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Spring 2007 Vol. 51, Number 1

High-tech jobs for a high-tech economy

by Nicholas Terrell


Learning STEM

Success in STEM requires both technical and nontechnical skills and attributes. Curiosity, the ability to think logically, and creative problem-solving are highly valuable. Communication skills and teamwork are helpful, too.

All STEM workers need a firm grasp of mathematics; science knowledge is also important for many of the occupations. Preparation should begin in high school, with coursework and extracurricular activities focusing on honing problem-solving skills. After high school, STEM career requirements are more specific to the occupations.

High school preparation

Students interested in a STEM career should get started in high school by taking as much math and science as they can. Even those who struggle in these subjects during school can succeed on the job; with perseverance, many people who may have had difficulty with early math or science classes can later thrive in a STEM career.

There are many ways to build skills in math and science. Teachers may be available to give students extra help or to provide information about tutoring. School counselors might also have advice.

Associations sometimes provide educational assistance over the Internet. To learn more, see the sources of information at the end of this article.

Students might also be able to take courses at 2- and 4-year colleges during the summer. The more math and science students learn in high school, the easier it is to tackle advanced subjects later.

To further sharpen skills and explore career options, students might consider joining a math, science, engineering, or computer club at school. Starting a club at schools that donít already have one might not be difficult; ask a teacher or counselor for help. Club members often take field trips to science museums, go to math and science competitions, and help each other study.

Students can also participate in summer camps that are related to math, science, and computers. Campers take part in games and challenges and learn what itís like to have a STEM career. Depending on the type of camp, students might design and create their own computer programs or secret codes. Or they might build robots, motors, or architectural models.

Preparation after high school

As noted previously, the knowledge and abilities needed differ for specific STEM occupations. Education, certification, and experience are of varied importance. Changes in the number of degrees granted in STEM fields show how educational requirements are shifting and how the demand for these workers is increasing.

Specific requirements. Many scientists have a bachelorís degree; often, these scientists work as research assistants or in applied sciences. But for those who focus on research, a doctorate and, possibly, years of postdoctoral training are usually the minimum requirements.

Science technicians often need an associate degree or experience in building and using scientific equipment, in helping with data collection and analysis, or in other technical tasks. Some of these workers have a bachelorís degree.

Computer-related jobs usually require a degree, certification, or both. A bachelorís degree is the usual requirement for software engineers, systems analysts, and database administrators, but a masterís degree is becoming more common for workers doing higher level development. Computer support workers and network analysts often have an associate degree, certifications, or both. Computer scientists, like other scientists, often have a Ph.D.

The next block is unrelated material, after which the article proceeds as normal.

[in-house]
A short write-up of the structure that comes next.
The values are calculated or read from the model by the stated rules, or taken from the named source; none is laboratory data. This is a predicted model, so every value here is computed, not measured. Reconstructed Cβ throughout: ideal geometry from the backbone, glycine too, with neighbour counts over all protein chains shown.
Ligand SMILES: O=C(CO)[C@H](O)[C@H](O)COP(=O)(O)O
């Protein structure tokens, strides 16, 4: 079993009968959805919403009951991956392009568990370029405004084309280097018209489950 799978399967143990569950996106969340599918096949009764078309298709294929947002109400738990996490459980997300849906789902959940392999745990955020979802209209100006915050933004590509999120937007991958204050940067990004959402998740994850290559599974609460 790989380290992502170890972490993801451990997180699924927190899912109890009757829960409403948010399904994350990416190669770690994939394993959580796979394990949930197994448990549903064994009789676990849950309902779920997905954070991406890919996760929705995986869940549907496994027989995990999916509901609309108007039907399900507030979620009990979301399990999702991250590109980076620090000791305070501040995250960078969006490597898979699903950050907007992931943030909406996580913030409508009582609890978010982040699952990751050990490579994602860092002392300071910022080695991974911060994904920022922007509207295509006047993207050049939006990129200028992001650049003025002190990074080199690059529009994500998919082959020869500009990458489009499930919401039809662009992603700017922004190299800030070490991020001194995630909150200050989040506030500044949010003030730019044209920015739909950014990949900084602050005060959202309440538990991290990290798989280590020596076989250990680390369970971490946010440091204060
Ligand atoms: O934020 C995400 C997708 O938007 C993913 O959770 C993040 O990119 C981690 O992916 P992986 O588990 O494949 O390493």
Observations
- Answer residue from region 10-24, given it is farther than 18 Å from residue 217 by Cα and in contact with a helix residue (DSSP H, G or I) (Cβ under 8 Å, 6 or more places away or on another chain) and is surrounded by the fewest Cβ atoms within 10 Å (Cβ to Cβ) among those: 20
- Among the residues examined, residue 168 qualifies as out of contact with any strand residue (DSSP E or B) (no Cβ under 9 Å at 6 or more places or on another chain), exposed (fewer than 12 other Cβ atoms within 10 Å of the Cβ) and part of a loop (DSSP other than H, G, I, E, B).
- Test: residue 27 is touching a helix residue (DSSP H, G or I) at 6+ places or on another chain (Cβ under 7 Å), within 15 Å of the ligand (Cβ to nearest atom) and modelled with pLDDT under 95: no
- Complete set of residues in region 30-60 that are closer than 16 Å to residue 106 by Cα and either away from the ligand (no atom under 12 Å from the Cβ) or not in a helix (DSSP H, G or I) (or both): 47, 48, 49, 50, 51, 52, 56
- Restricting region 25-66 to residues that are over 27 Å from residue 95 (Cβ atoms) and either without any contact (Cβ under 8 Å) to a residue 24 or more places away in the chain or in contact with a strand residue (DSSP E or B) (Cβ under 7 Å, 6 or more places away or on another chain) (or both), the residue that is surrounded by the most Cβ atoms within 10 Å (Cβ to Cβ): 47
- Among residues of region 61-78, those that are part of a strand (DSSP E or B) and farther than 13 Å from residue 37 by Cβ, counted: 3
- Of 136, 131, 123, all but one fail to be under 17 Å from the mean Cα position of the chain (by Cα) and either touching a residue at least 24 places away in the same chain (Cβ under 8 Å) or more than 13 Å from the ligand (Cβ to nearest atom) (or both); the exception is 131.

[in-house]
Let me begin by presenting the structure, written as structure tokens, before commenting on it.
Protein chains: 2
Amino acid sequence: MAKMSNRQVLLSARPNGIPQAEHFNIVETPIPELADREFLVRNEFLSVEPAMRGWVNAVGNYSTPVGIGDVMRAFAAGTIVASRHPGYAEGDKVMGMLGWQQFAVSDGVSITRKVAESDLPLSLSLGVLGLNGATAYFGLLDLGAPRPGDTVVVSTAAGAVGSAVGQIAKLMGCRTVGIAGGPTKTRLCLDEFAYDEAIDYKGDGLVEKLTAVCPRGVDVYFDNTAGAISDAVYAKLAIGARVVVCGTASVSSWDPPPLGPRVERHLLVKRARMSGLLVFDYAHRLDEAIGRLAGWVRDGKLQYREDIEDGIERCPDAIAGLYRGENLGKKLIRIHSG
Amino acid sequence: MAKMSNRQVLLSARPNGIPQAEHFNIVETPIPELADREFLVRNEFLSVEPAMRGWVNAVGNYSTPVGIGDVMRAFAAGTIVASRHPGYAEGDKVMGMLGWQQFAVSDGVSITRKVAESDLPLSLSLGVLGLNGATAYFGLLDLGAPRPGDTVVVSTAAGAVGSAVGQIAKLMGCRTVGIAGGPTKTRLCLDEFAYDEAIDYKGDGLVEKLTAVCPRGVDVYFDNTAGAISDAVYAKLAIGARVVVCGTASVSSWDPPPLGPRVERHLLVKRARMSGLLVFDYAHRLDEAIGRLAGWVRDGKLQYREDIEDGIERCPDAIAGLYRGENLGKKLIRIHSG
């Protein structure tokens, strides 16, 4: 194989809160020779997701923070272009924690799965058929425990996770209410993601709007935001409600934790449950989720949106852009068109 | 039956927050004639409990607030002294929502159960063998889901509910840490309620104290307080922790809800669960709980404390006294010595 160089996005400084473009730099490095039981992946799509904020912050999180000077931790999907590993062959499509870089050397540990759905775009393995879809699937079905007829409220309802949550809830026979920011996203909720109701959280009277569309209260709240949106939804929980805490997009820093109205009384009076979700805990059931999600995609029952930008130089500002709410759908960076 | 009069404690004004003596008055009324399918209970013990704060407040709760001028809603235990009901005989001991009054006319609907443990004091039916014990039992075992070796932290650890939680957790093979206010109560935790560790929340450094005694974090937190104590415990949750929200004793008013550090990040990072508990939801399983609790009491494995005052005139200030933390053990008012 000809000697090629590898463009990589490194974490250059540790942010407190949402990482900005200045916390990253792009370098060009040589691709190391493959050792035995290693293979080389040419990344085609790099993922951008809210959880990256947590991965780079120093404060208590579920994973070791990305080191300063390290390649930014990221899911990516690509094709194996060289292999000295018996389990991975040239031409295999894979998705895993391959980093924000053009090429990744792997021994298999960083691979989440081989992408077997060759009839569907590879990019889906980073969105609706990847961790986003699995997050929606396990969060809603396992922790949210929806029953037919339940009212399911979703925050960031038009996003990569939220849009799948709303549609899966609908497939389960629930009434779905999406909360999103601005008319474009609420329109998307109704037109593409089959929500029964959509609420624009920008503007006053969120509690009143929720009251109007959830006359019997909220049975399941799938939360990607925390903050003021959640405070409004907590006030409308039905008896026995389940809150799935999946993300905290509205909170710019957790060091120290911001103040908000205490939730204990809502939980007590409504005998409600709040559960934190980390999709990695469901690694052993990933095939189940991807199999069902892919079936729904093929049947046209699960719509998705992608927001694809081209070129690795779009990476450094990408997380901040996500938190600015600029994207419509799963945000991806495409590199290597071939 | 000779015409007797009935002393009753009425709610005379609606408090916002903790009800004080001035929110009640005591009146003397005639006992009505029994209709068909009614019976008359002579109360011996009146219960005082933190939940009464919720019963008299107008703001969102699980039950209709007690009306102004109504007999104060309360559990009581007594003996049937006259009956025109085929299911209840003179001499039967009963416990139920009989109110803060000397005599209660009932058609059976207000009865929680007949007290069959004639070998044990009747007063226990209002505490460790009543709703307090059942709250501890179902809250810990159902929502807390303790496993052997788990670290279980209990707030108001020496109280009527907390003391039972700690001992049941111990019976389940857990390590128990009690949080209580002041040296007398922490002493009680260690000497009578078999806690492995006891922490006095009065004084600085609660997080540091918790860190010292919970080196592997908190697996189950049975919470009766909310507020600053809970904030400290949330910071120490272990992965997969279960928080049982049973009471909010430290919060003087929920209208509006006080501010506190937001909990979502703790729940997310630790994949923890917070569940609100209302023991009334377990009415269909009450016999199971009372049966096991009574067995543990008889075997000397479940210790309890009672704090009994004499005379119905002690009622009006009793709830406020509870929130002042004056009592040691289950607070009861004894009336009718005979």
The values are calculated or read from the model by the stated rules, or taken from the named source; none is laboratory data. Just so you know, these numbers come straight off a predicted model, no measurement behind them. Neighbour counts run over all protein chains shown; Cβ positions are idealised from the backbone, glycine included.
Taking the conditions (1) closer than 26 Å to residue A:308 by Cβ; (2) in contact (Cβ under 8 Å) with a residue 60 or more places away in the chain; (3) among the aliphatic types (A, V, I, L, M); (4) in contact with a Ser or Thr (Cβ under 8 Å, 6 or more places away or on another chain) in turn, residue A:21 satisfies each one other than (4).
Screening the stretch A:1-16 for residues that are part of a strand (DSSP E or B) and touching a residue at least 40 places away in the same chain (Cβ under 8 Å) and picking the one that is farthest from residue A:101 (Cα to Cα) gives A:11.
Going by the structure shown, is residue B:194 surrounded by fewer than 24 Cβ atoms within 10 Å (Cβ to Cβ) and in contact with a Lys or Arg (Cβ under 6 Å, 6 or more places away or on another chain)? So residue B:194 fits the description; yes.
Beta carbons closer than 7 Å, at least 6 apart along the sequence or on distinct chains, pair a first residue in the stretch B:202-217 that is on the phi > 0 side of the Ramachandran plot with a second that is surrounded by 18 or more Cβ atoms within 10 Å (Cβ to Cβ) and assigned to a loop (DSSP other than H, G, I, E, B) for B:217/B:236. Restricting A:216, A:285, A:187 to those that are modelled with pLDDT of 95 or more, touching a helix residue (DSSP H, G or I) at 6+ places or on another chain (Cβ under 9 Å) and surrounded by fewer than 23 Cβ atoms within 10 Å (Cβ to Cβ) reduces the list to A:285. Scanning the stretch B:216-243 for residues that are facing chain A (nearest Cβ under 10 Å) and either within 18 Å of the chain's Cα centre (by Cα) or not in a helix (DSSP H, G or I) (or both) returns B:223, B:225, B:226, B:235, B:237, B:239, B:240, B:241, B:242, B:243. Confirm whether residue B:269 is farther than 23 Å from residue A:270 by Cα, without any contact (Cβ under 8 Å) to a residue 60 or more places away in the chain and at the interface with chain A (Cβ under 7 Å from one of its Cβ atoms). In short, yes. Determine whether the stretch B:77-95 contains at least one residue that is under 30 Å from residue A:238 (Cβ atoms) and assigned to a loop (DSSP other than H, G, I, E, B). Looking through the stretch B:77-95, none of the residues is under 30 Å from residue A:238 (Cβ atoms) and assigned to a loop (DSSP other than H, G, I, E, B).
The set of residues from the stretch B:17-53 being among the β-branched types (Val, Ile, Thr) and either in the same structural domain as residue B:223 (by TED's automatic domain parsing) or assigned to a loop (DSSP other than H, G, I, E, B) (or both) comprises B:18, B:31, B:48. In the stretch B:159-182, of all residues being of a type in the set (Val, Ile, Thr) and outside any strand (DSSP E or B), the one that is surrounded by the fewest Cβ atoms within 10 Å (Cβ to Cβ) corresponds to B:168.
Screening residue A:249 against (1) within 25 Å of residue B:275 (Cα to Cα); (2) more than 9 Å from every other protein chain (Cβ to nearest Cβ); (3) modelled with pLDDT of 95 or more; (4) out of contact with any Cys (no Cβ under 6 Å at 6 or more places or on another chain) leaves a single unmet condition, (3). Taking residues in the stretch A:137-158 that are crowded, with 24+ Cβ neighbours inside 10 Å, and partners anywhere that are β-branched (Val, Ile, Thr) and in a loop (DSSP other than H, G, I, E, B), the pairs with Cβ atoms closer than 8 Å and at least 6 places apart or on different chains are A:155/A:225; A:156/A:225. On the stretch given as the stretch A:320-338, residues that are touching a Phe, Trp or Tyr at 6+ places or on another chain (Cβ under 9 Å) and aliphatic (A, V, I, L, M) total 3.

Engineers need at least a bachelorís degree, and a masterís degree is becoming common. Engineering technicians and drafters often have an associate degree or experience in building models, helping with calculations, or doing other tasks.

Mathematical occupations usually require a masterís or doctoral degree. A notable exception is actuaries, who usually need at least a bachelorís degree and a passing score on an actuarial exam.

Degree trends. The number of bachelorís degrees awarded in STEM subjects has been increasing in the past few years after several years of slight decline,
according to the U.S. Department of Education. (See chart 3.) But the number of degrees in computer and information science has grown dramatically, reflecting increases both in the number of computer jobs available and in employersí preference for workers who have formal education in computer sciences.

Increases in degree awards for some STEM subjects are also apparent at the associate and masterís degree levels. For example, the number of associate degrees awarded in computer fields more than tripled in a decade, growing from about 12,600 degrees in 1994 to about 41,800 in 2004.

In that same decade, the number of masterís degrees granted in engineering declined before increasing from more than 30,000 in 1994 to more than 35,000 in 2004. Because more engineers are taking on managerial responsibilities, more schools are offering masterís degree programs that focus on the application of
engineering principles to industry rather than on basic research. These programs include coursework in finance, project management, and other areas of business. They may increase workersí chances for advancement.


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Last Updated: February 15, 2007